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The smearing of Linda Sarsour and the silver lining

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Linda Sarsour has become the face of resistance and persistence on social justice issues and the most prominent female Muslim activist in the past year. She has successfully campaigned for civil rights in coordination with various minorities and communities and co-chaired the largest women’s march in history to the clear annoyance of the Trump administration, whose inaugural crowds didn’t compare.

The following day, Sarsour was pinned to be a radical, having ties to ISIS and labeled an anti-Semite.

The catch phrases being used to label this prominent, well-respected American Muslim are commonplace for American Muslims. For the right, fear-mongering and maligning is an old school tactic now on steroids with the help of social media.

A close network of right-wing activists has been creating organizations, news sites and fake facts on the internet to associate Muslims with terrorism or terrorist organizations. These associations are published as facts, then used to spread lies and suspicion of Muslims.

Take as an example Keith Ellison, a well-regarded congressman and the first Muslim in Congress. He has set his sights on serving as the Democratic National Committee chairman. No surprise, shortly after his announcement, the smear campaign began and even billionaire Haim Saban declared Ellison an anti-Semite.

Or recall the example of Huma Abedin, Hillary Clinton’s personal aide. Abedin sustained continued attacks from the right for many years, from Islamophobe Pamela Geller to former Congresswoman Michele Bachmann, who claimed the holy spirit guided her in every decision she made while in Congress.

Khizr Khan himself faced backlash after the Democratic National Convention. There are many others. Google any prominent American Muslim name and you’ll find the same associations, smears and labels. And none are ever true.

This pattern of behavior has been felt and understood by the American Muslim community for far too long. In the past, the smears largely went unaddressed and continued to grow. In the aftermath of 9/11, many American Muslim organizations were smeared as having ties to Hamas, supporting terrorist organizations at home and abroad and more. They were alienated and their families felt they were distanced from even within the American Muslim community.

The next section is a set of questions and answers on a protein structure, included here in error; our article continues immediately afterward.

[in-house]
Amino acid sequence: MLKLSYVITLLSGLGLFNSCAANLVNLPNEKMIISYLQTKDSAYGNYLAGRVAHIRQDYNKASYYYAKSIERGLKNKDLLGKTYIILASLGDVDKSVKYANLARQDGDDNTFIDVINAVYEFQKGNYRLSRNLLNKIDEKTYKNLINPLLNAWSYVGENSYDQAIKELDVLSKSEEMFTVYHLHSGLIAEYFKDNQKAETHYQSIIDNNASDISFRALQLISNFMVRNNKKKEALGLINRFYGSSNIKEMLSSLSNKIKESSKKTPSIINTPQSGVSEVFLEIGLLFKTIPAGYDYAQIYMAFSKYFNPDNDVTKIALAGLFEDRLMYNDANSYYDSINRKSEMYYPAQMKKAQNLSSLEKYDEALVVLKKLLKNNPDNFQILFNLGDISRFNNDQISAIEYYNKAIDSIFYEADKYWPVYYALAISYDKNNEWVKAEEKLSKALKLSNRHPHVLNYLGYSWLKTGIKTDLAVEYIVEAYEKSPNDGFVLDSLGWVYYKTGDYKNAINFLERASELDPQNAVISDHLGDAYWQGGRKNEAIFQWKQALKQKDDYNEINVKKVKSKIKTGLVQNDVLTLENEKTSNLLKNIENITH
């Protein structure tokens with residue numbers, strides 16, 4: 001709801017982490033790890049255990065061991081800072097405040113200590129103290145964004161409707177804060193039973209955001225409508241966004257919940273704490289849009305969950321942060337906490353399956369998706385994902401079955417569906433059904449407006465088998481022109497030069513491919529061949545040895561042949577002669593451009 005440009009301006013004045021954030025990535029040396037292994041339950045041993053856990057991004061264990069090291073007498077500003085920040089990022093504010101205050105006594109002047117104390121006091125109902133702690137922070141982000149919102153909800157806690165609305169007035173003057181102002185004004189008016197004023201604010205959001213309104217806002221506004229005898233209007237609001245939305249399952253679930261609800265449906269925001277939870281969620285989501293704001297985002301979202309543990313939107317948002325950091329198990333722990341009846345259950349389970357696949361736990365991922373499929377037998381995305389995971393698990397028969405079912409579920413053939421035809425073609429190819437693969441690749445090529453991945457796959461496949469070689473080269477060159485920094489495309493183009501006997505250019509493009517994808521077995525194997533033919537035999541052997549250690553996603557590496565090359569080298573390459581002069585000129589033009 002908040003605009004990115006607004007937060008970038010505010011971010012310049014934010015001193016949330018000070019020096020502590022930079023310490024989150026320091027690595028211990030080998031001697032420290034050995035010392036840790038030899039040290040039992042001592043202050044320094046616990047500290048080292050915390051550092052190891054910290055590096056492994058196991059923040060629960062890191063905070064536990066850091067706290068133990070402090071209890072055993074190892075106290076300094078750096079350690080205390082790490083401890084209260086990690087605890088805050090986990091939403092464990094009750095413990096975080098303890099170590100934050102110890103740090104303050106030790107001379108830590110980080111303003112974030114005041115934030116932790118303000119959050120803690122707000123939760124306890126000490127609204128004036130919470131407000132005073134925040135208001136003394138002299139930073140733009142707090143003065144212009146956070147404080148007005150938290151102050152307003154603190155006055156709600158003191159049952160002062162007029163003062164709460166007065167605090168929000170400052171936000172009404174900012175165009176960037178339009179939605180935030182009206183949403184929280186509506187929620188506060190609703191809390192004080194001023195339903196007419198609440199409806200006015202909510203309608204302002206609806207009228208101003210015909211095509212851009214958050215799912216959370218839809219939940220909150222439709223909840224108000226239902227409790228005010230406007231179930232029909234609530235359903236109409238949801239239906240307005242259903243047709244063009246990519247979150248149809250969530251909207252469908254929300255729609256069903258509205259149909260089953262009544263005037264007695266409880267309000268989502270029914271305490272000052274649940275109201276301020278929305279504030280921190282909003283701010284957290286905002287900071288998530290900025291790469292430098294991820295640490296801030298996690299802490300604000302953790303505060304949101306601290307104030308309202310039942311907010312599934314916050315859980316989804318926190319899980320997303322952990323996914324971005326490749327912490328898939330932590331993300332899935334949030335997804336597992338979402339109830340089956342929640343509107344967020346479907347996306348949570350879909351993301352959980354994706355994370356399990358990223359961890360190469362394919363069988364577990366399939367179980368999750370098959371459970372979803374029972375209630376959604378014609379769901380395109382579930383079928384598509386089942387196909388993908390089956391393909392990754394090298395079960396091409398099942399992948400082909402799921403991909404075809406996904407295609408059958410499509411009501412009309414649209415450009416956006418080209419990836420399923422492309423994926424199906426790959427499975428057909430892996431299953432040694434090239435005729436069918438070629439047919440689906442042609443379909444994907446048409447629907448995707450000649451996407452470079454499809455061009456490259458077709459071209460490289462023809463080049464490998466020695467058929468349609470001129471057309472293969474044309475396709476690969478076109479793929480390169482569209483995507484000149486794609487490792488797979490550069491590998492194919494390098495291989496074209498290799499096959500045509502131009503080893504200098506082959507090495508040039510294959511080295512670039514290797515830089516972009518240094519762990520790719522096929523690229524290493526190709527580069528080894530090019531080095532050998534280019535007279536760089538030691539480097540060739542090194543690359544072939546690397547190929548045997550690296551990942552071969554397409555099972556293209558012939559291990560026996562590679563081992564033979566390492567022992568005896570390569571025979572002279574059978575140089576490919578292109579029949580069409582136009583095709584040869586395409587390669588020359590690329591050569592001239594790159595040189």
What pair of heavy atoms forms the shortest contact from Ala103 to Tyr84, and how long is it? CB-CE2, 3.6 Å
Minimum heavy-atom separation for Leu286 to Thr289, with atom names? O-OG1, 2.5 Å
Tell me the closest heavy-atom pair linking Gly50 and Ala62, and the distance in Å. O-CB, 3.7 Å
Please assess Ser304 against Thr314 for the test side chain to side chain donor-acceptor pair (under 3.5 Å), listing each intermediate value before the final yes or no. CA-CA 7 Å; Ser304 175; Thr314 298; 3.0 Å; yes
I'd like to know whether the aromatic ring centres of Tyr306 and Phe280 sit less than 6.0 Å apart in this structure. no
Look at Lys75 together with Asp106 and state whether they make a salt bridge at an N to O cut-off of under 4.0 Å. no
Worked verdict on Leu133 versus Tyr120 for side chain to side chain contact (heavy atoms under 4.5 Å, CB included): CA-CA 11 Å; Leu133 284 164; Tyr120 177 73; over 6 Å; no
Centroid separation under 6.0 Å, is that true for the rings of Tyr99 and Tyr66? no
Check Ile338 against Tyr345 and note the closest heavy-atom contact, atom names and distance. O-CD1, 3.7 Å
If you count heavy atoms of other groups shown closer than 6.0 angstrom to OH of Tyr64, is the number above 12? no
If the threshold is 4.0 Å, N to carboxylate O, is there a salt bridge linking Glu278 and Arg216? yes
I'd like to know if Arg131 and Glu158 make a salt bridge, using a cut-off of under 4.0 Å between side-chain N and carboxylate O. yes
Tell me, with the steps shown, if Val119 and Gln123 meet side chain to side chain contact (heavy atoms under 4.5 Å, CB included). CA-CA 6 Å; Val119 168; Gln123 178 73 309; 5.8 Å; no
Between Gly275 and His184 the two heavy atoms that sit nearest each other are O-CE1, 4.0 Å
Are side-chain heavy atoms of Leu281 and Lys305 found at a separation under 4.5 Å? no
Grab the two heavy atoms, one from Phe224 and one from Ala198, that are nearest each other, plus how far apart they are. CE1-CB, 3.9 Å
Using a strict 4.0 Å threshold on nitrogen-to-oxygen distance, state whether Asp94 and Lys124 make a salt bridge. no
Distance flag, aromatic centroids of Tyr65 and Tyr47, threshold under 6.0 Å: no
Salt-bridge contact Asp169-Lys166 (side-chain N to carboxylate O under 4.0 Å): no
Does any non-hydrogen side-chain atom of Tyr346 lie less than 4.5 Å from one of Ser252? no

Ultimately, these scare tactics lead to self-censorship. And that is the intended effect: to keep American Muslims quiet.

The greatest trepidation for American Muslims is that the people behind these well-organized, sensationalized campaigns now include members of our government. Sarsour’s case demonstrates that if any American Muslim criticizes or says anything that doesn’t align with this cabal’s version of reality, we will be labeled, rebuked and humiliated.

Even more, we will be investigated and imprisoned based on secret or no evidence at all (this already happens, but will intensify under Trump). Catch phrases and lies designed to incite fear and distrust among Americans about followers of our faith as well as mere belief will be used against any and all Muslims.

But there is a silver lining with regard to the campaign against Linda Sarsour.

Without missing a beat, social media and some heavy hitters immediately backed up Sarsour. Senator Bernie Sanders, actress Susan Sarandon and countless others saw the smoke screen for what it was and stood by Sarsour, knowing that these efforts were nothing more than sensationalized tactics to alienate her from her growing popularity.

Perhaps for the first time ever, a broader group of Americans are now calling it out for what it is. Thousands of voices came in support of Linda recognizing that the attempt was nothing more than fear mongering. What is now being called the “Linda affect” will now be more easily recognized in the future, allowing for more Muslim Americans to become important voices for resistance and change and for more Americans to call the kettle black when such smear campaigns emerge.

Written by Souheila Al-Jadda and Amina Chaudary 

 

*Photo credit: Flickr/Festival of Faiths

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